George Foster, center, poses with Quacker Jack and Bud Harrelson...

George Foster, center, poses with Quacker Jack and Bud Harrelson before the Ducks game on Tuesday, June 9, 2015 at Bethpage Ballpark. Credit: Richard T. Slattery

In the early 1980s, George Foster watched as the Mets built themselves from a perennial basement dweller to an eventual World Series winner. Traded from the Cincinnati Reds to the Mets in February 1982 for Greg Harris, Jim Kern and Alex Trevino, Foster played for a 97-game loser during his first season in Queens. He was released in August 1986, two months before the Mets won their second world championship.

"That was my objective, to go to a ballclub and help them become a winner," Foster, 66, said Tuesday night at Bethpage Ballpark in Central Islip, where he was representing Principal Financial Group during an Atlantic League contest between the Ducks and the Southern Maryland Blue Crabs.

"Eventually, they did become a winner," Foster, the 1977 NL MVP, said. "When they got Keith Hernandez, Darryl Strawberry, and Gary Carter, they started to be a formidable team. Then Dwight Gooden started to progress. It was great to be part of the beginning of a winning ballclub."

Foster played four full seasons in Flushing, never hitting above .269, but cracking 21 or more home runs in three of those years. In 655 games with the Mets, Foster hit .252 with 99 home runs. In his 18-year career, he hit .274 with 348 home runs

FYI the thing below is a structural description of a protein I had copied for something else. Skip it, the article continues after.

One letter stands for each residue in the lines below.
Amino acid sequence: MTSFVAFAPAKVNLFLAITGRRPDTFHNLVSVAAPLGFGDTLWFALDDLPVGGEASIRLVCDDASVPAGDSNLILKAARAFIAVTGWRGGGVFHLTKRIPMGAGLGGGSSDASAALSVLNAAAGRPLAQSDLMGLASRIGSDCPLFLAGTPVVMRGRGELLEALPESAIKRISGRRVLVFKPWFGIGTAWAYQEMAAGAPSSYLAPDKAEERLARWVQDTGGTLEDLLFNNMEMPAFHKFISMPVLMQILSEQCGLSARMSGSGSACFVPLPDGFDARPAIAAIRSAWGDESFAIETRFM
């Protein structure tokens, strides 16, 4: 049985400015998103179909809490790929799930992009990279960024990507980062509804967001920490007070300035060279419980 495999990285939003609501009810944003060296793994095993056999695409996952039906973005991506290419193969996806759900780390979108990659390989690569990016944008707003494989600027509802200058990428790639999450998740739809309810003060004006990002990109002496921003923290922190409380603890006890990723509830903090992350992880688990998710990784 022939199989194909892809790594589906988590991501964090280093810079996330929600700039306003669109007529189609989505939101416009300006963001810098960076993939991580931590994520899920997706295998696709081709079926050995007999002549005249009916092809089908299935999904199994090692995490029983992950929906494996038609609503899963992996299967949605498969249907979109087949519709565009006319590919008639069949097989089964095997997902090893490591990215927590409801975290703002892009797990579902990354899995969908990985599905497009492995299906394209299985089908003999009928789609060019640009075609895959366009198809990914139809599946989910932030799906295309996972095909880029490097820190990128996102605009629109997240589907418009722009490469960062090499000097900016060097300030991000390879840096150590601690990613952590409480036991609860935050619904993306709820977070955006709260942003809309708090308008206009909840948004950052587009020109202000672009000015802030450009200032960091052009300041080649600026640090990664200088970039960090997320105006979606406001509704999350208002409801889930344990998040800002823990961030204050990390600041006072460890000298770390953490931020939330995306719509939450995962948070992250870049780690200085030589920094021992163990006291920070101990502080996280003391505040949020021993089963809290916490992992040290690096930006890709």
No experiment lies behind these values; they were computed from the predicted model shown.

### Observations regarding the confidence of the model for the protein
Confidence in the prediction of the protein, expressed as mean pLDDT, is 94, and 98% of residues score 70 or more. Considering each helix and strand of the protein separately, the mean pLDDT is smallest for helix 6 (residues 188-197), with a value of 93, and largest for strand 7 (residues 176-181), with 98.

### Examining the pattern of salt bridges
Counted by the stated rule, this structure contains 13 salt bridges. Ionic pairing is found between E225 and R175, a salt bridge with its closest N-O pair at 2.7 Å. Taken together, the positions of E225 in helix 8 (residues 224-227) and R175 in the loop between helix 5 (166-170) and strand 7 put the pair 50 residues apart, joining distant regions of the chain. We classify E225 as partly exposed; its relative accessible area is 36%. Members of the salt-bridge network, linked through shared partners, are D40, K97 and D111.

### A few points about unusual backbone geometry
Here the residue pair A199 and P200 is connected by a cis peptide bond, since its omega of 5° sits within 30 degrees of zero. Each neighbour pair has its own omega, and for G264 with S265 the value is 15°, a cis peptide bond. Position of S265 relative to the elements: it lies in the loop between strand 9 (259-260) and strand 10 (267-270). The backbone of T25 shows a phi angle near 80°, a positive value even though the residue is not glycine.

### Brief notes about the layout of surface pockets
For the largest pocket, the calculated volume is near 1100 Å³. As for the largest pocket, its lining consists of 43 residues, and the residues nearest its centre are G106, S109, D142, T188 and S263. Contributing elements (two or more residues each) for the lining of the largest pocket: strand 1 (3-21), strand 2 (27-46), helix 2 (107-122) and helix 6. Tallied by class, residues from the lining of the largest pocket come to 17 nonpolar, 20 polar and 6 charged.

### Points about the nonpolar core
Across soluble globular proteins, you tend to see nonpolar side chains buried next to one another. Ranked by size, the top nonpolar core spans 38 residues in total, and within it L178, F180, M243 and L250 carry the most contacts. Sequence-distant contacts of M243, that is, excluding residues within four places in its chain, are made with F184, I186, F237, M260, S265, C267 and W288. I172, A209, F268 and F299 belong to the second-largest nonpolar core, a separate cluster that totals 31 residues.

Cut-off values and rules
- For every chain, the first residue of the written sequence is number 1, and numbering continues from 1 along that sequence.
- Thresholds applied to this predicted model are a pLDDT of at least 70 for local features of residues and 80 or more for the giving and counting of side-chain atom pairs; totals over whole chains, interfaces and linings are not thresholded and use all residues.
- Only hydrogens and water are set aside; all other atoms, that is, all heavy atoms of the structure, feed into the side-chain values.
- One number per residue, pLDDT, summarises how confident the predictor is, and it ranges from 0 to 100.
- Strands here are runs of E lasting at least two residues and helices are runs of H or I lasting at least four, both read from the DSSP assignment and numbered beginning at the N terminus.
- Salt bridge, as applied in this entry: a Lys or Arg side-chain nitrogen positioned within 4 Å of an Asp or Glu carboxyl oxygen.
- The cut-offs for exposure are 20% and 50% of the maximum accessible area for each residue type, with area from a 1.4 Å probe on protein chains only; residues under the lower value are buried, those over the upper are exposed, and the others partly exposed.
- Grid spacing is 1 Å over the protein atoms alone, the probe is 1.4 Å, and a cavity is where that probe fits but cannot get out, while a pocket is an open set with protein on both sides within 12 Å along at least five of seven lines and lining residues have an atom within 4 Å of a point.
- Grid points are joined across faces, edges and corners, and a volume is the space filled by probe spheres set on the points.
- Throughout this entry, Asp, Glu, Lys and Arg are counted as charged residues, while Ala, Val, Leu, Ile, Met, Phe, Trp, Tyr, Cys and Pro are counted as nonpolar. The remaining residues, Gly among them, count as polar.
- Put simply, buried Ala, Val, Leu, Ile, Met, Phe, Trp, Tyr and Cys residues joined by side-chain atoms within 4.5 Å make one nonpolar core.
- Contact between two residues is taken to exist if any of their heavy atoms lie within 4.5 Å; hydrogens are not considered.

Now, almost 30 years later, Foster is still watching, though this time from his home in Cincinnati, as the Mets attempt to replicate the success of the mid-80s.

"The biggest difference was that we had superstars that weren't pitchers," Foster said. "Now, it's mostly pitching with the Mets. They don't have the hitter that's going to stand out, like a Strawberry or Carter. They need to get David Wright healthy and bring in a veteran player to help out. They wanted [Michael] Cuddyer to do it, but right now, he's not as productive as they thought he would be."

Prior to being no-hit by the Giants on Tuesday night, the Mets ranked 25th in the majors in runs and 22nd in average. Conversely, they ranked fifth in ERA, eighth in strikeouts and 10th in opponent batting average.

"It's always great to see the pitching, but you need to get some hitting," Foster said.

Despite the low offensive rankings, the Mets still entered the night in first place in the NL East and Foster said he is excited to see them, among other teams that have struggled in recent years, turn it around.

"It's fun to see teams like the Mets, the Royals, Minnesota, the Chicago Cubs and the Houston Astros on top this time of year," he said. "It's good for baseball and good for the individual cities."

Foster retired after the 1986 season and now works with inner-city and military children in Cincinnati, teaching them "life skills through baseball" as part of his independent organization, the George Foster Pro Concept.

"They're the future of baseball," Foster said. "You want to make sure they have confidence, ambition and desire to become better. We try to teach them the skills that they need to have to go to the next level, whether it be high school, college or even pro ball."

Foster believes that commissioner Rob Manfred should focus on cleaning up the faces of the game -- literally.

"I would have guys be more clean-shaven and get rid of the beards," he said. "They look rough looking out there . . . Kids are trying to emulate them and be like them. In basketball, the commissioner came in and changed the dress code. That improves the image. They're professionals. They should be setting a good example."

Newsday LogoDON'T MISS THIS LIMITED-TIME OFFER1 5 months for only $1Save on Unlimited Digital Access